After each component is converted to a letter grade, I will compute your semester grade as a weighted average of these: The homeworks count 20%, the exams 25% each, and the final 30%

Textbooks, notes, and electronic devices (including phones and calculators) are not permitted during exams.

### Policies

Classroom activity: Our meeting times together are very short so we must make the most of them. Come to class daily and ask questions. Please silence your cell phones.

Make-ups: it is in general not possible to make up missing exams or homework assignments after the due date. If you believe you will have to miss a graded event, please notify me in advance; I will try to arrange for you to complete the work early.

Students with disabilities: The University of Texas at Austin provides upon request appropriate academic accommodations for qualified students with disabilities. For more information, contact the Office of the Dean of Students at 471-6259, 471-4641 TTY.

Religious holidays: If you are unable to participate in a required class activity (such as an exam) because it conflicts with your religious traditions, please notify me IN ADVANCE and I will make accommodations for you. Typically I will ask you to complete the required work before the religious observance begins.

Academic Integrity. Please read the message about Academic Integrity from the Dean of Students Office. I very much prefer to treat you as professionals whose honesty is beyond question; but if my trust is violated I will follow the procedures available to me to see that dishonesty is exposed and punished.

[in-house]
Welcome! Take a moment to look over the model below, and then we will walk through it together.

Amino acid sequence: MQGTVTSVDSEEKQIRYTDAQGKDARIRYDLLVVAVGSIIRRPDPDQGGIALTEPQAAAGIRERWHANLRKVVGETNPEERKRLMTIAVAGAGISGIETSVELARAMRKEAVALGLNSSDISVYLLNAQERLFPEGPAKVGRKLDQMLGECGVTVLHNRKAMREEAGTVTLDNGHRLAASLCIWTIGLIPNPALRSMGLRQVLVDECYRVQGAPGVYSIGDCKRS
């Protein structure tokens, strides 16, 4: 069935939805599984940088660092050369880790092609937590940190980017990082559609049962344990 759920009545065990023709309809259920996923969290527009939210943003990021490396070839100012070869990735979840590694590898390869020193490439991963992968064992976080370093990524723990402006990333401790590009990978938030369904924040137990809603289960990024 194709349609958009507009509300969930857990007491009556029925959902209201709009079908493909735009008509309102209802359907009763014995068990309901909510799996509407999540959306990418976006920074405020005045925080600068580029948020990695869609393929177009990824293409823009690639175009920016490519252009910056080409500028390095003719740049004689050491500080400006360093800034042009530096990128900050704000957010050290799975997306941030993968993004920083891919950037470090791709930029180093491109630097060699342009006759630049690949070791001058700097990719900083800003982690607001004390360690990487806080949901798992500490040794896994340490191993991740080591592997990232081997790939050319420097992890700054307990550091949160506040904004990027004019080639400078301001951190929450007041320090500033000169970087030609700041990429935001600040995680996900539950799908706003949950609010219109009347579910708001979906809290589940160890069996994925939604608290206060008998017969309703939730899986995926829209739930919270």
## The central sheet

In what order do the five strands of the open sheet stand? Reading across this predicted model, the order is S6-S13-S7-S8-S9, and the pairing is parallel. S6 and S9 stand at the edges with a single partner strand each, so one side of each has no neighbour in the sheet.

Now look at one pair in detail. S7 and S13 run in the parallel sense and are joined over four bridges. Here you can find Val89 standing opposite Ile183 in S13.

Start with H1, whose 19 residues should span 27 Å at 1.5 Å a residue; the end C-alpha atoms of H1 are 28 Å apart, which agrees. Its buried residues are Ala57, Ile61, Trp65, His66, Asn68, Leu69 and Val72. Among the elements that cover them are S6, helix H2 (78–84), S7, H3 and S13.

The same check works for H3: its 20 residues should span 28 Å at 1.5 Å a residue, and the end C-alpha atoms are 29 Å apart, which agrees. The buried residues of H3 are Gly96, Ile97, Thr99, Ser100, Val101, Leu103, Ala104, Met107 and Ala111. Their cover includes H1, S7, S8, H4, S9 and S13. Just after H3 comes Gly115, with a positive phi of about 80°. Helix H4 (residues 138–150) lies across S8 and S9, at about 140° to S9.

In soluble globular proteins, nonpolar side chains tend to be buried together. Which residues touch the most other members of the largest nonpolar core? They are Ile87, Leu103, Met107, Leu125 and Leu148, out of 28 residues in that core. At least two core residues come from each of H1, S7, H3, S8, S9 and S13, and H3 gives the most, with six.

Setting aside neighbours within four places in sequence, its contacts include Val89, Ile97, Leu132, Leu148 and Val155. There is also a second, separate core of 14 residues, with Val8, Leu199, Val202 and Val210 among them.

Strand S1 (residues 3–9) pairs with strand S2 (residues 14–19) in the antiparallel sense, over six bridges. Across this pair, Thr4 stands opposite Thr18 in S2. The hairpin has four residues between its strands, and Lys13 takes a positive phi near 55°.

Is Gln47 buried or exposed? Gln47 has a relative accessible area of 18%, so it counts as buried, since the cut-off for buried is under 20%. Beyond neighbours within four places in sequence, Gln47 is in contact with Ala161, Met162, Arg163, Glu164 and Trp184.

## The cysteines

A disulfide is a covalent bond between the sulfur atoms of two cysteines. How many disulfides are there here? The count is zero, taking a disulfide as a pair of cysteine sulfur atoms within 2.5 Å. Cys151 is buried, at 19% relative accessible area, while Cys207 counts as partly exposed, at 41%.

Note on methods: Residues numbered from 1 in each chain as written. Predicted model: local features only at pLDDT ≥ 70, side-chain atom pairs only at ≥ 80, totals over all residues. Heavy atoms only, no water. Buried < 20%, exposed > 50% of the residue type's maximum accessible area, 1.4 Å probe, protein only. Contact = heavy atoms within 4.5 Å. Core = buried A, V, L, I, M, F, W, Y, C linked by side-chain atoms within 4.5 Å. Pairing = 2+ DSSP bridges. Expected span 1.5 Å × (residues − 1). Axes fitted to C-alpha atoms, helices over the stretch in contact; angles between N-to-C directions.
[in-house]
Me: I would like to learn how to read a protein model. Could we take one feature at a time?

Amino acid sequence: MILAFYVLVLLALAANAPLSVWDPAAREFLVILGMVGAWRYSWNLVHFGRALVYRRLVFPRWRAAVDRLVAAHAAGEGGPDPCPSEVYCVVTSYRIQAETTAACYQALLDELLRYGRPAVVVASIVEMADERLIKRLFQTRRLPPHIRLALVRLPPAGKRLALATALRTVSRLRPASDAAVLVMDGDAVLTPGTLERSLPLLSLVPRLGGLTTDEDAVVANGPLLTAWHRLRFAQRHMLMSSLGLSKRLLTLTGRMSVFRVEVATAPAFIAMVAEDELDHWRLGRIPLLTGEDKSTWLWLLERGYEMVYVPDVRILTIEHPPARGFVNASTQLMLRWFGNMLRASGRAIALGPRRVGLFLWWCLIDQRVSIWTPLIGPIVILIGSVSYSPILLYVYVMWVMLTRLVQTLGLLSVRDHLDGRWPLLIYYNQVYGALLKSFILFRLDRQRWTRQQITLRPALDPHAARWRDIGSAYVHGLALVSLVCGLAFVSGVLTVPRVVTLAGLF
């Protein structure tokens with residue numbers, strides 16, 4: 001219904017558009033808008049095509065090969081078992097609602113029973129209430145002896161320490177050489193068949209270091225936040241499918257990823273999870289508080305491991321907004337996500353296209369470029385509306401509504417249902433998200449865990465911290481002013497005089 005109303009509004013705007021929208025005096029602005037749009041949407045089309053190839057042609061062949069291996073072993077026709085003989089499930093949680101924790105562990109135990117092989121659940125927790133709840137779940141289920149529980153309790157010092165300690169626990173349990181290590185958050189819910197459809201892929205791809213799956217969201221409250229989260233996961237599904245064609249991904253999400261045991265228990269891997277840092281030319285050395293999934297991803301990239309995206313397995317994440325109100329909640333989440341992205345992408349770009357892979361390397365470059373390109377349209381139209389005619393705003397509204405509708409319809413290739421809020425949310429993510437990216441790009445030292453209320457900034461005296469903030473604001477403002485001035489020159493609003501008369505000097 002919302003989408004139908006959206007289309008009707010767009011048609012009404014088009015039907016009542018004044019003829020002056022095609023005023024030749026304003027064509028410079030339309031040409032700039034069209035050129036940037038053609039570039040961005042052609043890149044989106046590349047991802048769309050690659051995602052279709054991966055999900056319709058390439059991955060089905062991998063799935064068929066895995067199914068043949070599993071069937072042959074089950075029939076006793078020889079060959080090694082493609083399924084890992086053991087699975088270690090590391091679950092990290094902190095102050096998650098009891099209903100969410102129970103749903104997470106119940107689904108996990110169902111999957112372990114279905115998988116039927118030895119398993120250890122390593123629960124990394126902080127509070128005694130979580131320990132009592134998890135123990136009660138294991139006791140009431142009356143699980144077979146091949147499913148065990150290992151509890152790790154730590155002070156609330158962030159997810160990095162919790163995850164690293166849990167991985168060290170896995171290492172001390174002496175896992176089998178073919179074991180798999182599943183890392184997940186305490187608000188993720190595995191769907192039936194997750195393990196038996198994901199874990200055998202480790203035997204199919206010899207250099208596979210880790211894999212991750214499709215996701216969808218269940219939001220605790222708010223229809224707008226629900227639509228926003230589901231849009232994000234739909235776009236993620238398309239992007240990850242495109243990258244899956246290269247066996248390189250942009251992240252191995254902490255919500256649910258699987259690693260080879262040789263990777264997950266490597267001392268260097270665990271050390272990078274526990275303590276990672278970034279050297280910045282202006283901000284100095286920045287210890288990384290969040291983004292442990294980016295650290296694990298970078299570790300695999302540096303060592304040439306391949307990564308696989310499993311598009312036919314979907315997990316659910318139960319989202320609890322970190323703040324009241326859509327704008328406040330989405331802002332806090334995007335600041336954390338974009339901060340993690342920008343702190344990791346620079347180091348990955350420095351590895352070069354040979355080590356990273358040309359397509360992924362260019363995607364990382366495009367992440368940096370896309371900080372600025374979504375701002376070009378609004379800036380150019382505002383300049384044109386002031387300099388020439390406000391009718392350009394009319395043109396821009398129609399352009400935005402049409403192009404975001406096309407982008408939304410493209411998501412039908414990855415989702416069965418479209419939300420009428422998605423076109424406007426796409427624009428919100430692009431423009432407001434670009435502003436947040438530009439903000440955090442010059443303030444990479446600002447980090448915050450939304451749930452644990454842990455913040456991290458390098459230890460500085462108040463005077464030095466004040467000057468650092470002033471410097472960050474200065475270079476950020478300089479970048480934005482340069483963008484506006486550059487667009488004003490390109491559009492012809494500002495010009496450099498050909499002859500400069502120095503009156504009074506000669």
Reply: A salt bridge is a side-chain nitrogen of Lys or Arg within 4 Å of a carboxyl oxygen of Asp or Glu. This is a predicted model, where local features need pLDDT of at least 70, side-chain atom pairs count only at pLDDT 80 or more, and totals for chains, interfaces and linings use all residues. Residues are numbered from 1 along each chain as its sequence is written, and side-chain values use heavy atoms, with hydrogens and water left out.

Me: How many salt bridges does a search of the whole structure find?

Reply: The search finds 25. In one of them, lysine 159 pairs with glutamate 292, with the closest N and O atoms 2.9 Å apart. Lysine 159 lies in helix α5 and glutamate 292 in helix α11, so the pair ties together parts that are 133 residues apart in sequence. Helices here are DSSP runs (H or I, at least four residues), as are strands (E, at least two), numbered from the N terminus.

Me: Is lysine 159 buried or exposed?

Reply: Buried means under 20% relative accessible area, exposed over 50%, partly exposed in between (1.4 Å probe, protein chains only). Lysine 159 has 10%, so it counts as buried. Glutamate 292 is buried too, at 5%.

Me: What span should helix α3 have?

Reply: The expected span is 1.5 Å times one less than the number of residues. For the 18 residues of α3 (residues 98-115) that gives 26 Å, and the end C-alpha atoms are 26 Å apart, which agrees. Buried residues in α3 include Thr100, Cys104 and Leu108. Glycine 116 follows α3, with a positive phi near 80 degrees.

Campus safety: Please familiarize yourself with the Emergency Preparedness instructions provided by the university's Campus Safety and Security office. In the event of severe weather or a security threat, we will immediately suspend class and follow the instructions given. You may wish to sign up with the campus alert programs.

Counseling: Students often encounter non-academic difficulties during the semester, including stresses from family, health issues, and lifestyle choices. I am not trained to help you with these but do encourage you to take advantage of the Counselling and Mental Health Center, Student Services Bldg (SSB), 5th Floor, open M-F 8am-5pm. (512 471 3515, or www.cmhc.utexas.edu

Add dates: If you enroll within the first four class days of the semester, and have missed any graded material, I will adjust the weighting of your graded sections accordingly so that you are not penalized. No such accommodation is made for students who enroll on the 5th day or later. (Such students must enroll through the MPAA advising center in RLM, and ordinarily I do not admit students who ask to enroll then if they have missed any graded activities).

Drop dates: Sep 3 is the last day to drop without approval of the department chair; Sep 13 is the last day to drop the course for a possible refund; Oct 31 is the last day an undergraduate student may, with the dean's approval, withdraw from the University or drop a class except for urgent and substantiated, nonacademic reasons. For more information about deadlines for adding and dropping the course under different circumstances, please consult the Registrar's web page, http://registrar.utexas.edu/calendars/19-20/